I’ve been around rocks my whole life as my parents are very keen climbers – most of my childhood was spent scrambling around at the bottom of the cliff with the occasional easy top rope. In 2005 my family moved to Calgary, Canada, and in 2007 I joined a youth climbing team at my local wall and in 2008 progressed to the competitive youth team. We trained 3 times a week at 6am and competed locally and nationally throughout the winter. In the summer and school holidays I sport climbed with my family in the Rockies and Western States of America.

I left Canada in 2009 to do a BSc in Environmental Science at the University of Manchester. My first impressions of trad climbing were that it was a load of rubbish. However, I soon got the trad bug and was climbing E2 (with the occasional E3) by my second year at Uni.

Throughout the next few years I became more solid at E2 and became much more experienced yet struggled to push my trad grade further, despite climbing 7b/+ inside and onsighting 7a/+ outside. There were so many trad climbs I longed to do and felt I had the potential to one day – but I wasn’t getting on them and I often wondered if maybe I never would. No matter how much fitter or stronger I became, it seemed to make no difference outside on trad.

In September 2013, I finished a 6 month contract with an Environmental Consultancy in Glasgow and embarked on a 3 month sport climbing trip to France and Spain with Tom Livingstone. Less than two months later I redpointed my first 8a (Coliseum in Rodellar). This was 5 grades harder than anything I’d climbed before the trip and a grade I’d never believed would be possible for me. Although I’d become significantly fitter from sport climbing every day, I believe ‘learning how to try hard’ was the biggest factor in my improvement.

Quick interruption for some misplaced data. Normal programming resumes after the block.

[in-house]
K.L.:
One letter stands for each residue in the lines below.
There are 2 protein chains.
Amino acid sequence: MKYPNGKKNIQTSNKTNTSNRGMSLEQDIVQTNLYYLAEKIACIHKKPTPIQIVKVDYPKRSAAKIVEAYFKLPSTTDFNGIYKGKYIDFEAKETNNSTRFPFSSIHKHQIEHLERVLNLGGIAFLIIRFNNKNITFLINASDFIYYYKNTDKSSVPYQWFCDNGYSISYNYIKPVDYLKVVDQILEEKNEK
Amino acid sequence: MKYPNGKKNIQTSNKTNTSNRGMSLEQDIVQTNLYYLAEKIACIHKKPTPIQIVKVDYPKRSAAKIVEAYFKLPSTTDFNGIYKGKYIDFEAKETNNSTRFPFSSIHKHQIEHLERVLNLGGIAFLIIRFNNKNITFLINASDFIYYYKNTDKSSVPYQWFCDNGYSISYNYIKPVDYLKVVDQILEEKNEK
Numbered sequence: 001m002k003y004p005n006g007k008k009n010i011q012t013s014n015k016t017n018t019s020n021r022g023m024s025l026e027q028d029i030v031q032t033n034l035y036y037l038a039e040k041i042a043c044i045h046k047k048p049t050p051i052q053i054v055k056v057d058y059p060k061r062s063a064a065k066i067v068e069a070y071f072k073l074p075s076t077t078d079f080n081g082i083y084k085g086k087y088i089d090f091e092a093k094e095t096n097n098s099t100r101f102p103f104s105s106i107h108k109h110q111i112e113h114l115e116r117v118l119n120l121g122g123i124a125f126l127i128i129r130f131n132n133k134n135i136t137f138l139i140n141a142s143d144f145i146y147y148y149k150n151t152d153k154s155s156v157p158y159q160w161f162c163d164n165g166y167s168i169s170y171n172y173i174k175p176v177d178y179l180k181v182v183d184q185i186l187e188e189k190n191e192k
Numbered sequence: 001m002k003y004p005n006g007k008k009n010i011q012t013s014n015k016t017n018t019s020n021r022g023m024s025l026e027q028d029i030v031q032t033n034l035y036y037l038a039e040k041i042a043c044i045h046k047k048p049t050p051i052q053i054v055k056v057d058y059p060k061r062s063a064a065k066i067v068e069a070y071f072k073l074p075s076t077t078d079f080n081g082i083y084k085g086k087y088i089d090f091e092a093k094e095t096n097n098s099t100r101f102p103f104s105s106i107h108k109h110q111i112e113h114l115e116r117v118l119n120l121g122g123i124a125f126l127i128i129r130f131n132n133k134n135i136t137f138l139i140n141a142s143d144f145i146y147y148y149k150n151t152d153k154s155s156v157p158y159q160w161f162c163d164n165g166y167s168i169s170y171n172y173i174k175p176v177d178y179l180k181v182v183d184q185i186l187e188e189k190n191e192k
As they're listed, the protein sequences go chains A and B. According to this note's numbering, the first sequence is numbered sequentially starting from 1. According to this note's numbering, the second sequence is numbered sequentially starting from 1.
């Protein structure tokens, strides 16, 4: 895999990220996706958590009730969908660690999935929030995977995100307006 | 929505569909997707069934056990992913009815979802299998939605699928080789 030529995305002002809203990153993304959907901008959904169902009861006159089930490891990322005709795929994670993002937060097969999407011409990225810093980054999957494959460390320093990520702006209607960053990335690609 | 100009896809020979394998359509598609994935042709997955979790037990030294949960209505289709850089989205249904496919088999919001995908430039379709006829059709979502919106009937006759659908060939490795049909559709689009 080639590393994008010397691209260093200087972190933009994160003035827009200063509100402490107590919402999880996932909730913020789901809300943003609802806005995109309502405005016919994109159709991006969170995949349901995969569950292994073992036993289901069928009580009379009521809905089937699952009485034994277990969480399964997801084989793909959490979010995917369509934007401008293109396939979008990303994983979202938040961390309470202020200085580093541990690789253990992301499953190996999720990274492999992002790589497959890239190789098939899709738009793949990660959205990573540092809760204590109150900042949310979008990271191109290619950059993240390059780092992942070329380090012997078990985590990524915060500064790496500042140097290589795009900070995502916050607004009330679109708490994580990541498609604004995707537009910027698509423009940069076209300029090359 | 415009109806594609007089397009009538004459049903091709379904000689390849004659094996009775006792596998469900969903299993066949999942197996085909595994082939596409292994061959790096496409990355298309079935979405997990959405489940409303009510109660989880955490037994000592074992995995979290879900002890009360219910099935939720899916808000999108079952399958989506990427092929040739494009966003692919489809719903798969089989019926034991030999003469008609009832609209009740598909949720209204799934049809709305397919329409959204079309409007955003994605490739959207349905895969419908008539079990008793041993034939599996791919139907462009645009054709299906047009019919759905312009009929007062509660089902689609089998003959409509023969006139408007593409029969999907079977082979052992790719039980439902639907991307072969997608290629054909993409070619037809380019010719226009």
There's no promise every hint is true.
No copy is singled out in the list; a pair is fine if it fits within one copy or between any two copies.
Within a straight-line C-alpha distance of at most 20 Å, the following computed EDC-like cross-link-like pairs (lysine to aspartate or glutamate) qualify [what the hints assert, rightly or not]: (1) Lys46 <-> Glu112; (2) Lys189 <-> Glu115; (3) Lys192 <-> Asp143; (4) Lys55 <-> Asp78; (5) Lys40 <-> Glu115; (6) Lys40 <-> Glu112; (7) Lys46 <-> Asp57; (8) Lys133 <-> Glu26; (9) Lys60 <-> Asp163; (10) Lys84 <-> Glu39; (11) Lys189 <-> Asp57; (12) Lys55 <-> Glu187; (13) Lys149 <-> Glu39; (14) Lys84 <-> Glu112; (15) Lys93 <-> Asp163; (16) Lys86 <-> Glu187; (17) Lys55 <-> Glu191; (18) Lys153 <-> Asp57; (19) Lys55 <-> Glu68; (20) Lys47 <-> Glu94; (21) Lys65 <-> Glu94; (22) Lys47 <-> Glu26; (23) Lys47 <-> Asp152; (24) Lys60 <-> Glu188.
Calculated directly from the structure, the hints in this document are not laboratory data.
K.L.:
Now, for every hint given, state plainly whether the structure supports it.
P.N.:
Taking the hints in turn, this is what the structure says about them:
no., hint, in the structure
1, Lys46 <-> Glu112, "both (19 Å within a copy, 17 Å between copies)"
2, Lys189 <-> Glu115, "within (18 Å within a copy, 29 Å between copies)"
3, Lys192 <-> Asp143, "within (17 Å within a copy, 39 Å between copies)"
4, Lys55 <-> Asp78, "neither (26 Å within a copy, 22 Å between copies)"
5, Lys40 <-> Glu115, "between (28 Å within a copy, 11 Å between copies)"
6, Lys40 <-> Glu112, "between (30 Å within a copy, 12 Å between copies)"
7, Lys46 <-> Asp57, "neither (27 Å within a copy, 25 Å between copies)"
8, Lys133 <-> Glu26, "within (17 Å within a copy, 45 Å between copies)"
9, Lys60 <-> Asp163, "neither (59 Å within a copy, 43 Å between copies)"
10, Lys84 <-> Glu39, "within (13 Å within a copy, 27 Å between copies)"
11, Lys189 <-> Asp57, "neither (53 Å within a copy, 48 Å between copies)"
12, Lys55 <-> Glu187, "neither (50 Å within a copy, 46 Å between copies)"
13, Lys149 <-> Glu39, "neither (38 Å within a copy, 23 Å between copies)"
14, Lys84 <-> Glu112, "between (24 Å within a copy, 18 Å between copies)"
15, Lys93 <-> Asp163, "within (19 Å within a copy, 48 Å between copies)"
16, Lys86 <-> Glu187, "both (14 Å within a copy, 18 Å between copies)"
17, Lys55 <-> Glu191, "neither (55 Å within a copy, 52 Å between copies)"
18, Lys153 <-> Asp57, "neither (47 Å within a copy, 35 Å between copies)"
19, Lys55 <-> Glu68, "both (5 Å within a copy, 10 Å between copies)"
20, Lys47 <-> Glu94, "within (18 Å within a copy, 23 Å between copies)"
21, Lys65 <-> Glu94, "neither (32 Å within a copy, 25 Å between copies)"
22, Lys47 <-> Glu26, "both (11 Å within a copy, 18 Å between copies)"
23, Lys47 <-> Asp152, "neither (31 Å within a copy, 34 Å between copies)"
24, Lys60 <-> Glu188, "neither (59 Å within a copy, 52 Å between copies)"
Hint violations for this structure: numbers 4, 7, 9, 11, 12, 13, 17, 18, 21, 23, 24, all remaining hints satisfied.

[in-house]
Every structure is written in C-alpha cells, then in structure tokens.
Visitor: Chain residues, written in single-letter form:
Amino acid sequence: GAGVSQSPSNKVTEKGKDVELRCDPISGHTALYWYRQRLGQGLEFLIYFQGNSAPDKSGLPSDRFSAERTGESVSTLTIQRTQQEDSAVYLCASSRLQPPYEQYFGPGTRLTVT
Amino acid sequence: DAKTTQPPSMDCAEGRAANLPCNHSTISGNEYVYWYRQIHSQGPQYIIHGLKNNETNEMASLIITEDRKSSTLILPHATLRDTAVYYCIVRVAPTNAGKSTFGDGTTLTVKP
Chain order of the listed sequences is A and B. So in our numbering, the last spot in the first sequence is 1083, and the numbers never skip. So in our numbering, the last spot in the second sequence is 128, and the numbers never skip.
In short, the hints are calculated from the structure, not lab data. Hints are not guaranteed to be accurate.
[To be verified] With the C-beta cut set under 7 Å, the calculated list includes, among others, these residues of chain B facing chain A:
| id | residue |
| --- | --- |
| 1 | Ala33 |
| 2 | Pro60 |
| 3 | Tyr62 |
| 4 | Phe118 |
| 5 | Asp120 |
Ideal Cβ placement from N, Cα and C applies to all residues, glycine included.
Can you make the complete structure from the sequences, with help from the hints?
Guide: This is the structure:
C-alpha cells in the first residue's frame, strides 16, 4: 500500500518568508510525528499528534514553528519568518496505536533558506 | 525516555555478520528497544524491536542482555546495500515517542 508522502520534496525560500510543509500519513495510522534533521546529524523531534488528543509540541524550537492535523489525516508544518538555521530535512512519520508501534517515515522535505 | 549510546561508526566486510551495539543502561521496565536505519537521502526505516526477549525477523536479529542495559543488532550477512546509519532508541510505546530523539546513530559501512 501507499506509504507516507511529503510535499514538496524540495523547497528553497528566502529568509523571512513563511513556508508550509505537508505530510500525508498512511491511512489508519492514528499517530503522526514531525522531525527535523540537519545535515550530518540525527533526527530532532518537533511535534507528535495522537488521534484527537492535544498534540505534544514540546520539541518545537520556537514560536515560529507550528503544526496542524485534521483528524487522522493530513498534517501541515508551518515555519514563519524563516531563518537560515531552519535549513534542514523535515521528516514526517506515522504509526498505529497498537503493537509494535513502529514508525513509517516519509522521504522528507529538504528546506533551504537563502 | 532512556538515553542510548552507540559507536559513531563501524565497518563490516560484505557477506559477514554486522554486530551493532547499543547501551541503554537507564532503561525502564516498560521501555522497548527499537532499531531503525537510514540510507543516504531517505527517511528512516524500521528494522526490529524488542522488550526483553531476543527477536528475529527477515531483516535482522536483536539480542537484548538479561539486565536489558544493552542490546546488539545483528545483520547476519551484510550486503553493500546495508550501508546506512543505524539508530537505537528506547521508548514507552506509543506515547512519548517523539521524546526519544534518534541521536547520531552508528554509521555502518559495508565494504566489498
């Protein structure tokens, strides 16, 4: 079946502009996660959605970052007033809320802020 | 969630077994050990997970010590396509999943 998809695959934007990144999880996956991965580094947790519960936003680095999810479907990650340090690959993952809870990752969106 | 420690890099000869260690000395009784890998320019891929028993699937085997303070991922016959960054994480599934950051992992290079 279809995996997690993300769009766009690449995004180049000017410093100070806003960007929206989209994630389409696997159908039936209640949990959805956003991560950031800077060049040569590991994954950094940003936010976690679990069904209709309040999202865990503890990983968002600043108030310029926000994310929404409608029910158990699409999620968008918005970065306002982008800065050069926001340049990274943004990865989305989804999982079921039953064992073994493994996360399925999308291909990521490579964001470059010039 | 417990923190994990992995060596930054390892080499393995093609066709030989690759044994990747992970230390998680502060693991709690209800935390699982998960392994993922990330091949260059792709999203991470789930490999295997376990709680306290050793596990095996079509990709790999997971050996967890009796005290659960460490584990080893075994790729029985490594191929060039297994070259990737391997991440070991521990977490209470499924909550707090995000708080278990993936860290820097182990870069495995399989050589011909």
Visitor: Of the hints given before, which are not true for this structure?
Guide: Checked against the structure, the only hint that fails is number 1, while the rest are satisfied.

I returned to the UK at Christmas but it felt wrong to leave Spain when I was just starting to climb well! I returned on my own in the new year to climb in Catalunya until the end of April.

Back in the UK after Spain I tried to make the most of the beautiful British summer and trad climb as much as possible. Climbing several E5s was a big break through – in 2013 I would have said I’d be happy if I ever managed to do a few E4s! Despite this, I still face a lot of mental battles which prevent me from pushing myself more on trad and this is something I really want to work on.

At the beginning of 2015 I joined the grown up world of 9-5 as a mineral/waste/environmental consultant near Bradford. It’s taking some getting used to but I’m hoping to still have some adventures and be able to share stories on here.

See my climbing logbook here

The Needle, Shelterstone Crag. Photo - Olli Crudge

The Needle, Shelterstone Crag. Photo: Olli Crudge

Feeling happy at Red Rocks. Photo - Jennifer Slater

Feeling happy at Red Rocks. Photo – Jennifer Slater


One thought on “About

  1. Pingback: Hopes 'diminishing' as Scottish search for Calgary-connected rock climber drags on

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